The drive is the utility concerns over grid imbalances, the increasing PV power being connected to the grid and the need for energy storage to take advantage of self-consumption tariffs and further incorporate PV into the smart grid.
The report "The World Market for PV Inverters" states that reactive power, smart grid interaction and energy storage are transforming inverters from a simple power conversion unit into an essential component of grid infrastructure and has the potential to radically change the PV inverter market over the next five years.
A highlighted trend in the report is the incorporation of energy storage into inverters. IMS expects that close to 5% of all PV inverters shipped in 2015 will be incorporated with storage functions to help power loads continuously throughout the day. Nevertheless, to enable this to happen, costs have to be reduced and efficiency and reliability have to be increased. This will then pave the way for widespread acceptance of the dual function. PV Research Analyst for IMS Tom Haddon says "Demand for PV inverters with energy storage will most likely be driven by incentives favouring self-consumption; however, current solutions, relying on lithium ion batteries, are currently too expensive and need to be reduced considerably before they will be deployed more widely."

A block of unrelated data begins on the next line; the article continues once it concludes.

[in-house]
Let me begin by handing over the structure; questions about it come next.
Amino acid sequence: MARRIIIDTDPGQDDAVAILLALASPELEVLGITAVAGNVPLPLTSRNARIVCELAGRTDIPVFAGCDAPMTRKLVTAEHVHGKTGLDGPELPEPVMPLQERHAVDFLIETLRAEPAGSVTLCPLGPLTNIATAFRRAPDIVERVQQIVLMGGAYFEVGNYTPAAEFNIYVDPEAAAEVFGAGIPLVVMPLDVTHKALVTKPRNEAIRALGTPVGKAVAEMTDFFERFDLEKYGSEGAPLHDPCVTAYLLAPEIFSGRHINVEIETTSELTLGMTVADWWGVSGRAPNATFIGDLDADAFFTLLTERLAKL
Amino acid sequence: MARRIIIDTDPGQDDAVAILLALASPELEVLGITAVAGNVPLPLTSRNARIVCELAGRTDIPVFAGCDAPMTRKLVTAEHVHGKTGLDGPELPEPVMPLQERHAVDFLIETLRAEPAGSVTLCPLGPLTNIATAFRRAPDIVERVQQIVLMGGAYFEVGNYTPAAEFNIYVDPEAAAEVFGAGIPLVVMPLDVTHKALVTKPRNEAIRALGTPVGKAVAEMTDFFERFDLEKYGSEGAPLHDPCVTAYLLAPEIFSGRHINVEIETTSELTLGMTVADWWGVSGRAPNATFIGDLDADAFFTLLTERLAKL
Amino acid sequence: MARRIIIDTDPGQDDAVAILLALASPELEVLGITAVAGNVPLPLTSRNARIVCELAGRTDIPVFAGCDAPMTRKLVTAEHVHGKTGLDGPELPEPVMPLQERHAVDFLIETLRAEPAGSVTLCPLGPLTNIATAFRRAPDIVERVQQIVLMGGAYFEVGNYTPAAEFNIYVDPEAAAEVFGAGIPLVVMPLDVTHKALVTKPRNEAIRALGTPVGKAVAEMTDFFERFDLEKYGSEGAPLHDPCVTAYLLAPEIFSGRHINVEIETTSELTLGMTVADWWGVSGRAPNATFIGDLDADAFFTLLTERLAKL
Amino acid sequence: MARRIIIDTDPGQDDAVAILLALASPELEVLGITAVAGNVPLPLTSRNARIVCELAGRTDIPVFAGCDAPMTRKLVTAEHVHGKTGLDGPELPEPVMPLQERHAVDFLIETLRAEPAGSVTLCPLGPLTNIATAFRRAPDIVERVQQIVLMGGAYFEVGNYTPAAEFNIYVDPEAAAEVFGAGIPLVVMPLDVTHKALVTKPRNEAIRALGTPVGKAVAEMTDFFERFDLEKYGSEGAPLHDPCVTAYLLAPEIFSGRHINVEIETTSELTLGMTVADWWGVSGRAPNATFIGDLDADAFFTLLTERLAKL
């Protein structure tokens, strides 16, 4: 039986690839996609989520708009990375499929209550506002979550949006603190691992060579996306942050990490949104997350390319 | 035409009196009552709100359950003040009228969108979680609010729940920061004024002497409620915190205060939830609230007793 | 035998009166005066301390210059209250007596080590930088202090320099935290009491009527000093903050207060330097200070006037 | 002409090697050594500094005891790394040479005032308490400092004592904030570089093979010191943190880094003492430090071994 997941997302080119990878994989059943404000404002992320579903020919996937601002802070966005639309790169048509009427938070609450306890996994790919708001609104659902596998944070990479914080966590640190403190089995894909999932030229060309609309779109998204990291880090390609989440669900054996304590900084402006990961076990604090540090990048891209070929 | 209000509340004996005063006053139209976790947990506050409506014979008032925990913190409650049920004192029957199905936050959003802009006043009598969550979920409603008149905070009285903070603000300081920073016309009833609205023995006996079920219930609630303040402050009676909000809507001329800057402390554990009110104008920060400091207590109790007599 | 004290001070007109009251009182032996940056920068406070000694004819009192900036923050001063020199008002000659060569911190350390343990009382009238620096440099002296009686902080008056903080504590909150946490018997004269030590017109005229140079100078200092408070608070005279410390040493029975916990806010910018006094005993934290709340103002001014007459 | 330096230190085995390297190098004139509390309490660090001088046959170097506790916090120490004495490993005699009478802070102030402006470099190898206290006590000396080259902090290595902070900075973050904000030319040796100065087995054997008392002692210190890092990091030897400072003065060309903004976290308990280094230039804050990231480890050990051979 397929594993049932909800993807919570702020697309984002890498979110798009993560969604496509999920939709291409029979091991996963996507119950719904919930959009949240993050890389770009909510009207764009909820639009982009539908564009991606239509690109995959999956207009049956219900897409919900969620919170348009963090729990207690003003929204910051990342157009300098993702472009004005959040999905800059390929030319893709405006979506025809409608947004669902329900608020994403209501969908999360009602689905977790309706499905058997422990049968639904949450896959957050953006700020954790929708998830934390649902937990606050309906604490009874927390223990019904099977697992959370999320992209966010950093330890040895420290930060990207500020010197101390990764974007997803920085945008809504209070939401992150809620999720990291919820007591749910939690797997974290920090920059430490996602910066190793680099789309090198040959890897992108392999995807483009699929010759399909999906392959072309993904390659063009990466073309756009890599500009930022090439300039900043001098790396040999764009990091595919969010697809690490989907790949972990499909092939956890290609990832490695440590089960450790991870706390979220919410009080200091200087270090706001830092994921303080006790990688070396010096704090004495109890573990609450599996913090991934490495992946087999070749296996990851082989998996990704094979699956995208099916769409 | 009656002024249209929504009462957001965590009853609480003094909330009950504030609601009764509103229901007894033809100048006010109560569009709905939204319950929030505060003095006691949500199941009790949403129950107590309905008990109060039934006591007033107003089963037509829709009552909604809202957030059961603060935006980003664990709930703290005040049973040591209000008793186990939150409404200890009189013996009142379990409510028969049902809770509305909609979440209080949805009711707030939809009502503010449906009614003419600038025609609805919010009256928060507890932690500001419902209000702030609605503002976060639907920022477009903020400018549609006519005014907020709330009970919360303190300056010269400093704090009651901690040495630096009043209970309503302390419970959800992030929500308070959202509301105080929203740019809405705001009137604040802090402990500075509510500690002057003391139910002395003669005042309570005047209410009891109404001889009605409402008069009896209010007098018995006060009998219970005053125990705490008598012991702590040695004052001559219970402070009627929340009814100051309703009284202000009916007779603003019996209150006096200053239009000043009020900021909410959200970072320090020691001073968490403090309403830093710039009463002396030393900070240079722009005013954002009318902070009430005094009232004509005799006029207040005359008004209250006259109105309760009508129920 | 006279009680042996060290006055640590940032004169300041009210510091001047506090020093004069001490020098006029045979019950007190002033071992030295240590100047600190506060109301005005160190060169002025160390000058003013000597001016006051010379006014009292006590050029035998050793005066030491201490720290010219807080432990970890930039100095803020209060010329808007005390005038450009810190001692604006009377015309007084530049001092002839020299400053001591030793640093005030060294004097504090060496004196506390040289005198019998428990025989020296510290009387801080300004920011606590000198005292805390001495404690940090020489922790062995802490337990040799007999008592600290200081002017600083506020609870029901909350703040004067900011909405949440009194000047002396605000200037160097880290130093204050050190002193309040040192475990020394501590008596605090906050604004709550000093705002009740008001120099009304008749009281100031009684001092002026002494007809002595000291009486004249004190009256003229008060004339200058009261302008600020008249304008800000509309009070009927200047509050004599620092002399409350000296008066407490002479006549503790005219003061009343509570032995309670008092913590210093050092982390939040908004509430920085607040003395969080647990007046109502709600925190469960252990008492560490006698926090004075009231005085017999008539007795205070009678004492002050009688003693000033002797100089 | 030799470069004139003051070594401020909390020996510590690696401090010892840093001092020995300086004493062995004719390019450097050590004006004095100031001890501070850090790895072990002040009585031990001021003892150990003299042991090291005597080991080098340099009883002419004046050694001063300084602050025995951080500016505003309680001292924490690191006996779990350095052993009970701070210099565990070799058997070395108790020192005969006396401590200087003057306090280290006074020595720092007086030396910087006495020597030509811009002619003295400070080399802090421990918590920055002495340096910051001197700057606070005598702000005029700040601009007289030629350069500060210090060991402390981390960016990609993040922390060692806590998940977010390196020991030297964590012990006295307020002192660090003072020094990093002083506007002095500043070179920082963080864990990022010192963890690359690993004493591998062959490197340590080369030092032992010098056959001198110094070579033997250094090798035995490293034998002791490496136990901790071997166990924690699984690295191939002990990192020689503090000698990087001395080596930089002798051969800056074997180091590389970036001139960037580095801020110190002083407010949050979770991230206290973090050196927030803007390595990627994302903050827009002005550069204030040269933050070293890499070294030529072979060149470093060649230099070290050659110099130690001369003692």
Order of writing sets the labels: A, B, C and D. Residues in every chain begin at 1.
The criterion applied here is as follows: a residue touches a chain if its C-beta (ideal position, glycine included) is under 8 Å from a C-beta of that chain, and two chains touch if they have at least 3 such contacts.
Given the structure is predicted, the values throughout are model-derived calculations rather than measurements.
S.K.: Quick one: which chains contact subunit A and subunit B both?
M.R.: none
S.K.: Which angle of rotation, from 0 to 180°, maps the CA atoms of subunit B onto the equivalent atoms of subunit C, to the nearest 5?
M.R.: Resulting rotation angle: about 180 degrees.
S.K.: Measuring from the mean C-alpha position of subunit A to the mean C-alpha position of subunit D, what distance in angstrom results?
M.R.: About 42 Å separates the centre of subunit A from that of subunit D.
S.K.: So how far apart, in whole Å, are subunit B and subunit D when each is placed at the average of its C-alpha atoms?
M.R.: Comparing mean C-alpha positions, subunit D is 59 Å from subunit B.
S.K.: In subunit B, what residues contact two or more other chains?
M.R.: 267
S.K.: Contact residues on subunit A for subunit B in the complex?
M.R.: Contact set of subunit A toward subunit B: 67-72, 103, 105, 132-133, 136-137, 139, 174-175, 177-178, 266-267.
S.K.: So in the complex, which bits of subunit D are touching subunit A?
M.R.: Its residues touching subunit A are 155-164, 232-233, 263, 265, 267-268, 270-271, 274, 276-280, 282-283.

Germany has been listed in the report as leading the integration of PV into the grid with the new Low and Medium Voltage Directives. Other countries are expected to follow suit as well. This is being seen as a probable factor in the fall of global inverter shipments to 42% by 2015 as the directives are fully enforced.
Haddon adds that utilities in Europe, especially, are pushing for inverters to assist in grid stabilization and conform to stricter technical requirements. "Despite this, most inverter shipments will still not be fully smart and will only have reactive power capabilities, rather than full smart grid interaction or energy storage".
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